The following are sidebars to some of the issues in which I have been interested. Keep in mind that current events are not usually put to rest within a convenient media cycle. Thus, these issues will take weeks, months, even years, to reach their conclusions.
France was the first of the coalition forces to enter Libyan air space with their planes. The U.S. announced at that time that we would not be “leading” the invasion, but would definitely add our two cents. Within two hours of France’s foray into Libya, we were firing cruise missiles into Gaddafi’s territory. It took only two hours.
Furthermore, President Obama promised that we would not, ever, send in ground troops to back up the establishment of a no-fly zone. No boots on the ground. My worries were that Gaddafi’s forces would continue to kill civilians despite the successful establishment of a no-fly zone. Bingo. That seems to be the case. I certainly acknowledge my naiveté about politics in general and military operations specifically. I tend to believe things people say; I trust. Silly me. When I wrote my last post on Libya, I hadn’t realized that despite Mr. Obama’s pledge of a short military action with the express goal of protecting Libyan civilians, that of course, his tacit intention was the removal of Gaddafi. Also, his unspoken strategy was to arm the rebels so they could fight back. As for his statement that the U.S. would not take the lead in this action, with no ground troops sent in, that remains to be seen.
Another loose end. This one has to do with my concern about spent nuclear waste and the fact that we have no containment facility. Of course, the phrase “nuclear containment” just might be an oxymoron, an impossibility. Sho’ nuff, on the front page of the New York Times today there is an article about the increasing concern about this vast hole in our nuclear energy policy. I know that the risks of nuclear power must be weighed against the rewards (Oh really now?), and this article does an excellent job of hitting all the specifics. Another article, an Op-Ed in the New York Times today, is terrific in explaining how the U.S. can learn from the nuclear disaster in Japan. It is a concise column, recognizing the absolute need to have a firm, regulatory arm in charge of the safety at nuclear power plants while also admitting the advantage these plants have in the use of clean energy. What? Clean energy? There is no more toxic, longer-lasting lethal substance in our arsenal of energy options than nuclear fuel.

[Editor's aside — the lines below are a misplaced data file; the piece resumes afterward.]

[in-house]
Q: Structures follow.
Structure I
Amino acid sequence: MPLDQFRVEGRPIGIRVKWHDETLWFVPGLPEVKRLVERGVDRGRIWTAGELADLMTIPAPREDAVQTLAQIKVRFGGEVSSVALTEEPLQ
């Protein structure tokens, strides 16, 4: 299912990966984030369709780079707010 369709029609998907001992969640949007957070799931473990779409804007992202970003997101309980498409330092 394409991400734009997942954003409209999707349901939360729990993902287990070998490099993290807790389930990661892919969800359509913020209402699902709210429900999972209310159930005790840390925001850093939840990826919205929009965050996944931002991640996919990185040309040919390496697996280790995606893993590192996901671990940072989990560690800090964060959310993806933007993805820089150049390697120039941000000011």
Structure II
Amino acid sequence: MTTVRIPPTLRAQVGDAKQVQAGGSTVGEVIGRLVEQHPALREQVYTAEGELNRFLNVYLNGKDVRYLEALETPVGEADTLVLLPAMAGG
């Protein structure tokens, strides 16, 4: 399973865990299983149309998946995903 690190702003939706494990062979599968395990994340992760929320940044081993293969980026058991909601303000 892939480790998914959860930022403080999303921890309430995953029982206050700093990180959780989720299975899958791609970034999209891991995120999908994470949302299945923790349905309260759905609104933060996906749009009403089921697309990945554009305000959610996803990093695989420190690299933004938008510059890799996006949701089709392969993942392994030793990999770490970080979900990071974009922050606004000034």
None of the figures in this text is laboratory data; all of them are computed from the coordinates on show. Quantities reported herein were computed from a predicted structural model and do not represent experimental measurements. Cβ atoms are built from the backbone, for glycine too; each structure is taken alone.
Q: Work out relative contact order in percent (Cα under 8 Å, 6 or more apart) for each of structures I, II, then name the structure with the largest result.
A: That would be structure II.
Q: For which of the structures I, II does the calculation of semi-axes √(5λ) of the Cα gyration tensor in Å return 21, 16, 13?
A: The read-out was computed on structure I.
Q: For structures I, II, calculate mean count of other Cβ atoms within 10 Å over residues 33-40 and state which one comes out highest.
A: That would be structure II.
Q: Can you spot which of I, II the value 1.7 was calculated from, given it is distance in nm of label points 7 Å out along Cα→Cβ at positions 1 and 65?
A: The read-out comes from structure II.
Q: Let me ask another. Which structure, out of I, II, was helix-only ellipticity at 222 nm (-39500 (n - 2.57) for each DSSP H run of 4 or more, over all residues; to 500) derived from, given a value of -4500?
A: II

Finally, political motivation has invaded the arts, which are very dear to me. There is a beautiful, three-year-old, 36 foot wide, 11 panelled mural in Maine’s Department of Labor in the capital of Augusta. It depicts a plethora of Maine workers. The state’s Governor, Paul LePage, has ordered the removal of this mural because he believes it gives an unfair advantage to unions. Go soak your head, Governor. And while you are at it, grow up and give kudos where kudos is due: to the hard-working citizens of your state. The arts should not be used as a political tool, given and taken back as an expression of the current elected’s opinion. The arts are much bigger than that; they supersede any current political position.
In line with all the defiance against unions and benefits, Jon Stewart has a great piece addressing the hypocrisy of this issue. You all have probably seen this video already, but I had to include it. Pity the teachers. Love Jon Stewart.
So much for cleaning up my loose ends. I daresay that the unrest in the Mideast, the unfolding events at the nuclear plants in Japan, and the endless manipulation of politicians into areas, such as the arts, will be slow to be remedied. That is the nature of life: uncertainty.
Stay tuned here, as I hope to have more photos from my Maine.
Tags: John Stewart "For Richer and Poorer", Libyan military invasion, Maine's removal of labor mural at Department of Labor, no U.S. ground troops in Libya, Nuclear containment in U.S. power plants, Paul LePage